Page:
Potent Networks vs. Echo Chambers
By: Aradhna Malhotra Dhanda
What stories there are in the diversity of our networks! We are all connected. Each of us has a sphere of influence and yet very rarely do we pause to comprehend the magnitude of what this means to our lives and the lives of those we touch, or how it all came about.
My story began in India where I was raised during a time when it was expected that women would be subservient. When I moved to the USA in my early twenties as a young bride, I never imagined that I would take ownership of my own destiny, let alone be chosen to serve as the leader of a prestigious organization devoted to identifying, connecting and cultivating leadership.
While I felt a profound sense of powerlessness as a woman early in my life, a dramatic change was about to occur almost when I had just about given up. Let me pause to say that while I may not have had the faith in myself, I was self aware enough to know that I truly enjoyed meeting new people regardless of the reason. I also knew that I cared for people regardless of where they came from and why they came into my life or I entered theirs. I believe this made me very comfortable at reaching out and connecting with people despite all my self doubt. However, the cathartic moment came when I discovered a female network that taught me women could be strong and independent while also being good moms, wives and daughters. As my mind opened to this new way of thinking, my evolution as a woman, as a leader, happened faster than I would have expected. Many opportunities opened up in a very short period of time, allowing me to become involved in civic life and make a difference … and eventually to become the leader, personally and professionally, that was inside me waiting to be born. I have my network of women and some men to thank for this.
In a recent HBR article, authors Brian Uzzi and Shannon Dunlap identified what they call “potent networks.” These are networks that can help you build your career, but even more importantly, they help you deliver impact in myriad ways, spreading your ideas and expanding your reach. These potent networks don’t just happen by accident – you must seek them out and work at them through high-stakes, shared activities that connect you to diverse others. Conversely, by simply defaulting to those in our normal circles, networks can become relatively small, insular – an echo chamber. It is our diversity that makes us stronger, including our spheres of influence. Stepping outside of the silos allows us to welcome new connections, expand the topics of what we are conversant about and build relationships that involve active listening as well as sharing of our own ideas. These are the ways we can build potent networks for our lives, our communities and for our work.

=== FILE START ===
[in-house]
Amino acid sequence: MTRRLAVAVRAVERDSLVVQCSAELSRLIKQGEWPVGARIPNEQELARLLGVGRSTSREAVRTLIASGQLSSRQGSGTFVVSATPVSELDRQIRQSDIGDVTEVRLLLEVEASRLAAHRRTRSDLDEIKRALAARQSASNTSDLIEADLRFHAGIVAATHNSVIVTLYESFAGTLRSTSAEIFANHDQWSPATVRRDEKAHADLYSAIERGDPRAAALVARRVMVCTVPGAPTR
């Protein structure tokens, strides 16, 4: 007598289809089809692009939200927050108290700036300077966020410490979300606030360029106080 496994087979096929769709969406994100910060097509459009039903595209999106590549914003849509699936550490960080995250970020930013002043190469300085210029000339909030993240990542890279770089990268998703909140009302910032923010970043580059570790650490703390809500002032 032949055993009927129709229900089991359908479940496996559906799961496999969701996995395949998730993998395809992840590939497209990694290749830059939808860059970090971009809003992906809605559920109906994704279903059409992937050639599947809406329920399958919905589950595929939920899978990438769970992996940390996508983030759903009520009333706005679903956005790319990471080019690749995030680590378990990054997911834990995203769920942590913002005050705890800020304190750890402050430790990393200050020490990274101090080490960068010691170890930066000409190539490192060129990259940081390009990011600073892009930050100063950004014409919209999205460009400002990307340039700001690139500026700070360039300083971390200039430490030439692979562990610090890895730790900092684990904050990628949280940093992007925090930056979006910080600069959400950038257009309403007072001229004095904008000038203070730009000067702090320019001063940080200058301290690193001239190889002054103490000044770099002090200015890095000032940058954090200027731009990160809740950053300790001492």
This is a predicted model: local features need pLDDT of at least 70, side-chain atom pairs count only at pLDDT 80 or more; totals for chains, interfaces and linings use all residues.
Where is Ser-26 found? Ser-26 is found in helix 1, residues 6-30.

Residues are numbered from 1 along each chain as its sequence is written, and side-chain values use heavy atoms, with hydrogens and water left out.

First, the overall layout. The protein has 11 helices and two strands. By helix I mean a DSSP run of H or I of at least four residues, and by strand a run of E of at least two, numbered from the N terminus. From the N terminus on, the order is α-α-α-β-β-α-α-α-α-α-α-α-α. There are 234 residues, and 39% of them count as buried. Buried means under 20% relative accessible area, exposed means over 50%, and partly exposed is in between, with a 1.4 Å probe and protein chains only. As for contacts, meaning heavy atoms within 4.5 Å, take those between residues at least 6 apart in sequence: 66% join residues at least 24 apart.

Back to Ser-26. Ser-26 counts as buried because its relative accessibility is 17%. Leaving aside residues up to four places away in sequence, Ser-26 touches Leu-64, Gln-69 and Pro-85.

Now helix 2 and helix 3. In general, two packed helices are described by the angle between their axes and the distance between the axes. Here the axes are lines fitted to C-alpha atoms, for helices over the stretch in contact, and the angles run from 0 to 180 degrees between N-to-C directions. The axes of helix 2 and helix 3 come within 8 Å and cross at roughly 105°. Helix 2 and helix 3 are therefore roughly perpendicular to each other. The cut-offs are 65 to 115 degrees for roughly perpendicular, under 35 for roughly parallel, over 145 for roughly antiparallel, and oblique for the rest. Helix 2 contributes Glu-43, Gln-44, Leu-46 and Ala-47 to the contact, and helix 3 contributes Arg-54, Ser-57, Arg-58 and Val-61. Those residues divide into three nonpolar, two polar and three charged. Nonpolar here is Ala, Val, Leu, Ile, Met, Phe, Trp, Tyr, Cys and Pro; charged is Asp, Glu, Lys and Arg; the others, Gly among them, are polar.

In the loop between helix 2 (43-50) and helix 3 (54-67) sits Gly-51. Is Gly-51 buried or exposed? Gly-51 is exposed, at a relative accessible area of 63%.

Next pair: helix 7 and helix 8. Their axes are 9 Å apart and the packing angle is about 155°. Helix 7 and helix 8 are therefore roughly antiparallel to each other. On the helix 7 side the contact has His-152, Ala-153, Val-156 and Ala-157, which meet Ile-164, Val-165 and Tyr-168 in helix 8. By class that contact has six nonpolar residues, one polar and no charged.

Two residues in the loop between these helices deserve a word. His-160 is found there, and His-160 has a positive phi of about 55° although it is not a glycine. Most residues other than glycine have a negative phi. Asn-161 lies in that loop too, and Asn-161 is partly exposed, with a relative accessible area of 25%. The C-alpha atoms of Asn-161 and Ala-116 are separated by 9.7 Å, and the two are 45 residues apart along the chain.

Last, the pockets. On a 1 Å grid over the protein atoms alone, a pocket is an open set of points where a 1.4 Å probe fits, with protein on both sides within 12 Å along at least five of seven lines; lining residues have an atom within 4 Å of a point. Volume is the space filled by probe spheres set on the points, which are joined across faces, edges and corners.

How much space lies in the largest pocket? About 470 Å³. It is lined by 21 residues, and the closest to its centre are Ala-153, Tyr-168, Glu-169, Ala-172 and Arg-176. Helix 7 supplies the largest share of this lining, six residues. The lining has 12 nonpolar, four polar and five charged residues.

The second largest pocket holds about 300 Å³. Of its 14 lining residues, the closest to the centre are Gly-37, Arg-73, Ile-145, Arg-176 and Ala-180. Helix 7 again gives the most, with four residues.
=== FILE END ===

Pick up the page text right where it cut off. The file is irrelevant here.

In another piece of research (also covered by HBR), Boris Groysberg studied successful women and found that strong performers in one firm don’t always shine; however, the propensity to do so is MUCH higher if these executives are female. His research on the catalysts for this pointed to the fact that women build strong personal networks outside as well as inside their organizations, including with clients and other outside contacts. This practice helps them translate success within one organization to another. Such a skill, I firmly believe, can be mastered by men as well as women, but let’s face it, to do anything well requires intention, attention and work!
Networks can make or break careers. They also make or break communities, regions and more. In his book, “The Tipping Point,” Malcolm Gladwell noted that “strong networks (are the difference in) the successful spread of everything from ideas to reputations.” At Leadership Pittsburgh Inc., we help people build intentional networks through high-stakes, shared activities that matter to the community and the businesses of our region. We connect today’s leaders and those of tomorrow, including with the ideas that truly change lives. Sometimes I think that Verizon got it right (in more ways than even they might have intended!) when it said “it’s the network.”
My wish for the high-achieving and high-aspiring professionals is to pay attention to the potency and diversity of the networks; not to settle for an “ok plateau,” but to continue to refine those skills that can expand our potent network, and to experience the richness this brings to all our endeavors: personal, professional, and communal!
Aradhna M. Dhanda is President and CEO of Leadership Pittsburgh, Inc., which strengthens regional leadership by connecting current and emerging leaders with those who are shaping the community’s future. A graduate of LPI, she is deeply committed to the Pittsburgh region and serves on many boards. Born and raised in India, Aradhna holds an MBA from Rutgers University and an MA in Psychology from Bhopal University. She is the proud mother of two boys, Kash and Brij, and lives in Wexford.